By: Undre Griggs, Jr.
The Bible is full of passages warning about the danger of allowing yourself to be angered. Even verses that are used to justify anger, fall short of a full endorsement.
Ephesians 4:26-27 (ESV): Be angry and do not sin; do not let the sun go down on your anger and give no opportunity to the devil.
In his letter to the church in Ephesus, the apostle Paul warns Christians to be on guard because anger can lead to sin. To help them avoid sinning when they are angry, Paul gives them a couple of good rules to live by. He tells them that they should not allow the sun to go down on their anger. This means the issue and their anger should die with the sunset. This ties in well with Paul’s expectation that Christian’s should bear one another’s burden and not keep records of wrongdoing (1 Corinthians 13:5-6).
Proverbs 19:11 (ESV): Good sense makes one slow to anger, and it is his glory to overlook an offense.
It is a person’s glory from God to overlook the offense of another. There is a saying that we seek “justice” when something is done against us and we want “mercy” when we do something to another. By setting the expectation that the sun should not go down on our anger, Paul is implying that the issue should not continue to be brought up. The word for anger in Ephesians 4:26 could also be translated as irritation, indignation, or exasperation; meaning we should not continue to be frustrated or bothered by the actions of another.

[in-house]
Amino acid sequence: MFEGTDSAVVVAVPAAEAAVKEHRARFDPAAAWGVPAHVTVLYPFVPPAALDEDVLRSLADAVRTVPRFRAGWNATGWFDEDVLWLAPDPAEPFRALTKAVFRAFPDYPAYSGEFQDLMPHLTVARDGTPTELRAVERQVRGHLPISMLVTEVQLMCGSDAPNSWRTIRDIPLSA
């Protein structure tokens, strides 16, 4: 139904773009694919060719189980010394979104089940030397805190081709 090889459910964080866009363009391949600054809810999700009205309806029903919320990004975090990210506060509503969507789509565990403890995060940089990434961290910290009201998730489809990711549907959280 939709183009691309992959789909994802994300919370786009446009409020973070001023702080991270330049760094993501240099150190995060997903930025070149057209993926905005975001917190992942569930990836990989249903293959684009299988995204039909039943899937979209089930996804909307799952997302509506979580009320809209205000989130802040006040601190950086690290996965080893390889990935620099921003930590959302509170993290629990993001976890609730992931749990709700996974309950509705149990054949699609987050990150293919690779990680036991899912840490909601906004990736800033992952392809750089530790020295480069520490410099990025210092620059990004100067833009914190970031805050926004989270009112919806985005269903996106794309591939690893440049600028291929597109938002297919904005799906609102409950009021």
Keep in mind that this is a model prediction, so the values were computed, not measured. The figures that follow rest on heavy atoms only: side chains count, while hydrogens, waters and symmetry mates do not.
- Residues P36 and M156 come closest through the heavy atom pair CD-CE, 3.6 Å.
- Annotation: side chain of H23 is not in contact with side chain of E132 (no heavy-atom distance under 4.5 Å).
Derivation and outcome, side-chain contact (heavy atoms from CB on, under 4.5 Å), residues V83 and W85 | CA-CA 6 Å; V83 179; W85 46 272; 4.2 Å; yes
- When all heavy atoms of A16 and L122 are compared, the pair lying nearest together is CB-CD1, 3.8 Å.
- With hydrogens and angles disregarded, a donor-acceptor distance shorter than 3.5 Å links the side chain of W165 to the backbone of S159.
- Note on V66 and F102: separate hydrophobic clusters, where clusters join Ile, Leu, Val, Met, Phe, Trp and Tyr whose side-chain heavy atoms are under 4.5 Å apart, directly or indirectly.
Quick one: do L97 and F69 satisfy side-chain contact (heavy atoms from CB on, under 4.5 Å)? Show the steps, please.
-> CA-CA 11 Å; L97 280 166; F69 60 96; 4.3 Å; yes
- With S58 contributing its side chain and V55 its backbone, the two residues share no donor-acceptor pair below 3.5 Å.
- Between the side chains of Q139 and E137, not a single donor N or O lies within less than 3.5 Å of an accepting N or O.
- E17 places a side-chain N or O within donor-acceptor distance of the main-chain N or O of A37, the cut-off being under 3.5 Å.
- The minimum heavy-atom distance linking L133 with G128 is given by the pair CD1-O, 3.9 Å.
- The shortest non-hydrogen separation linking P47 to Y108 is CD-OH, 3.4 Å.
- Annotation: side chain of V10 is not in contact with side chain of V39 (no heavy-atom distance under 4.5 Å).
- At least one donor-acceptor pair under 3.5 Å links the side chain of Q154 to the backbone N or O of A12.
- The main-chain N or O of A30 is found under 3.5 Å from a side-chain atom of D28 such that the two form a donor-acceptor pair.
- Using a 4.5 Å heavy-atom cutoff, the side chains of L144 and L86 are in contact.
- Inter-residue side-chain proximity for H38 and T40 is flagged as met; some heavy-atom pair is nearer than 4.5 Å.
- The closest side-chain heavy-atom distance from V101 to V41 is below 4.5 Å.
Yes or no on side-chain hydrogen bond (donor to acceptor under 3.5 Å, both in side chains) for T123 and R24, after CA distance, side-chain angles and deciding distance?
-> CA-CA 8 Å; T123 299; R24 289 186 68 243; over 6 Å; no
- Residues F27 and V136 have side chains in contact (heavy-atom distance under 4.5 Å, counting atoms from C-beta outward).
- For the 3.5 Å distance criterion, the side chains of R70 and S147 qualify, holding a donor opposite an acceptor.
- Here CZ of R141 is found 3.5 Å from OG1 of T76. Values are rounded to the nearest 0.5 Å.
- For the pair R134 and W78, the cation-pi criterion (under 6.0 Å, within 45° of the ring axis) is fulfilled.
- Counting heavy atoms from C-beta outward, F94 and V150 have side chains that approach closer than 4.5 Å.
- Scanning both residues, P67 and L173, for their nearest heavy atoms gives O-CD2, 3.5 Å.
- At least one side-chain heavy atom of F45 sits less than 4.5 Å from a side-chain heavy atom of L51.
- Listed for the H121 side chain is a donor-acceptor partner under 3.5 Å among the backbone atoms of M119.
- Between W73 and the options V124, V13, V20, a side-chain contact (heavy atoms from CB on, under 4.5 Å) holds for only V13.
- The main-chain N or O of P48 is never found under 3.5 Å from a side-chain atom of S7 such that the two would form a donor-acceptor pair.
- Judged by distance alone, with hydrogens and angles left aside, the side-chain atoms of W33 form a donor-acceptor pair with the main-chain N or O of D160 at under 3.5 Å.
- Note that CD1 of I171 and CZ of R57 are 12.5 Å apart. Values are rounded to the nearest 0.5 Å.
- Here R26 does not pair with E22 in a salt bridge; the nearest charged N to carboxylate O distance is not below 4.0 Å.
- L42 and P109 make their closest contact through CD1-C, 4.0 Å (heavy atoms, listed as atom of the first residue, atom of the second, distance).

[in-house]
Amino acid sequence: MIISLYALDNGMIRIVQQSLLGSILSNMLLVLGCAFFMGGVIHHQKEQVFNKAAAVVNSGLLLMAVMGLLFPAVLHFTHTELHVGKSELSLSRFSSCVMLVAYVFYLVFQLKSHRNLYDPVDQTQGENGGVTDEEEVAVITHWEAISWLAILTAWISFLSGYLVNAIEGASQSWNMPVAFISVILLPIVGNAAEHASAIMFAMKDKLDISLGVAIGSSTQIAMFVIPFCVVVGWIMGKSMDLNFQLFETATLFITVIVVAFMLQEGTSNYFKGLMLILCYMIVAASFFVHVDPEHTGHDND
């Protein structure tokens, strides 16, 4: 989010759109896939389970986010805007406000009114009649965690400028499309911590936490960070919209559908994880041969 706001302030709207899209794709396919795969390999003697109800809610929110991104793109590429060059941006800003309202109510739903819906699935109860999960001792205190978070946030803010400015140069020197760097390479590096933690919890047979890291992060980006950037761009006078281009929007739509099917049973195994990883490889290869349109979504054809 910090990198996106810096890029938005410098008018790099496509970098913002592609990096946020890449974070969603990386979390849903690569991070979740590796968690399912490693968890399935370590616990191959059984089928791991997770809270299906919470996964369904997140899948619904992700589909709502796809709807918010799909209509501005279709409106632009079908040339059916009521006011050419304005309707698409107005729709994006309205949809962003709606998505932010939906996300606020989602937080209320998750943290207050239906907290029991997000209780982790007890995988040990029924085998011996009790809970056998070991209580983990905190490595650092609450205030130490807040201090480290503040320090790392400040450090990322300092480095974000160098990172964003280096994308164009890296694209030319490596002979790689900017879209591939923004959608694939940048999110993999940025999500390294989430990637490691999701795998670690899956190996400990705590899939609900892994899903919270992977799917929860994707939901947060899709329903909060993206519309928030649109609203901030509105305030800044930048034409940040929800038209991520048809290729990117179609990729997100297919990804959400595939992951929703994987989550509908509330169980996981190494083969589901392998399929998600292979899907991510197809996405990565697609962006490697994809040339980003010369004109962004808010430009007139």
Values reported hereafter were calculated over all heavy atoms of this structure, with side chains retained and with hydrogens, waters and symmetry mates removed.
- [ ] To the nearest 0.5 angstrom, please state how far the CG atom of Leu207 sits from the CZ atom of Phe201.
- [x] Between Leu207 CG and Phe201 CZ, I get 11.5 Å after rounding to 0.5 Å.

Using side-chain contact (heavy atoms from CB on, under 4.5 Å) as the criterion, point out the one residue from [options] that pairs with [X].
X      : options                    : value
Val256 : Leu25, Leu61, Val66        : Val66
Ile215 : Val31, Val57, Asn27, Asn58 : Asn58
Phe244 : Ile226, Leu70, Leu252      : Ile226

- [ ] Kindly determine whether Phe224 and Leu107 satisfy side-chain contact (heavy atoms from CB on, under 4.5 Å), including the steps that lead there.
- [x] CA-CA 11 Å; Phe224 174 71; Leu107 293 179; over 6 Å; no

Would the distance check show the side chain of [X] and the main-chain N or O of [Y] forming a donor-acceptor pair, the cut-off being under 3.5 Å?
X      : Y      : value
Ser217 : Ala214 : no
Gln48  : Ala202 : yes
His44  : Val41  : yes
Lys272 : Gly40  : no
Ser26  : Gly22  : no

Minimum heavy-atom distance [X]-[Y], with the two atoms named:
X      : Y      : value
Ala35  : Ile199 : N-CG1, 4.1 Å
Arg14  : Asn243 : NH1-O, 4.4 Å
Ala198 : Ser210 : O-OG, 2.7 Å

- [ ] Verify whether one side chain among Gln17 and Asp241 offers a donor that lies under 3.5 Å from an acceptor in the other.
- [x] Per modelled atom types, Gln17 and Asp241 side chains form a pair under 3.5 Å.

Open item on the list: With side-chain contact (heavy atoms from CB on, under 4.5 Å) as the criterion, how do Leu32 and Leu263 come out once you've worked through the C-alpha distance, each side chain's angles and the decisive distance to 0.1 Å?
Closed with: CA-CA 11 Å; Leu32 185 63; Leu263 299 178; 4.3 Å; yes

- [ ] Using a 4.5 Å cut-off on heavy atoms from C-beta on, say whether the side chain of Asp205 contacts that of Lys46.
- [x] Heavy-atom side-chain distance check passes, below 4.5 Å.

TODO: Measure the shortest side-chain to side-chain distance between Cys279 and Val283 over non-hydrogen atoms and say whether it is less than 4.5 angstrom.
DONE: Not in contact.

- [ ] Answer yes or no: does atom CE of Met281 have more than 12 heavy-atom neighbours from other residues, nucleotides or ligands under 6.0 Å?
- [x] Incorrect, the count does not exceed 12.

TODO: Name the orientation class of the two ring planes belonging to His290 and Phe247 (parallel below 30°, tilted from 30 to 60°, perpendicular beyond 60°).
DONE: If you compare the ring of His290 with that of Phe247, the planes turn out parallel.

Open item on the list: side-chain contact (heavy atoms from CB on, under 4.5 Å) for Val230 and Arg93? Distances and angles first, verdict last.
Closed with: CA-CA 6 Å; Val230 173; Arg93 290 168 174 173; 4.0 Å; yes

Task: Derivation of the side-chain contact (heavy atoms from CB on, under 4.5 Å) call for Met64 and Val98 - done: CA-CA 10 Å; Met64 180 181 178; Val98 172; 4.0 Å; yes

Ecclesiastes 7:9 (ESV): Be not quick in your spirit to become angry, for anger lodges in the bosom of fools.
Psalm 37:8 (ESV): Refrain from anger, and forsake wrath! Fret not yourself; it tends only to evil.
You will notice that throughout Scripture, those who are angry are often compared to those who are fools or evil. While there is the example of Jesus being angered by the hardening of the hearts of those he was speaking to, Jesus did not have any ill-will with whom he was angered (Mark 3:5). The verse continues and says that Jesus was grieved (could also be translated as: felt great sympathy) by their stubbornness, meaning He wanted better for them… not himself. Oftentimes, anger is a sign of selfishness and shows an arrogant or prideful heart. That is why Paul ends his warning about anger by telling the church to give no opportunity to the devil. For in the manner in which we forgive others, that is the manner in which our Father will forgive us. We should not be angry for personal reasons and we definitely should not harbor ill-will. We should be willing to forgive and accept the glory that God promises for those who are willing to overlook the offense of another.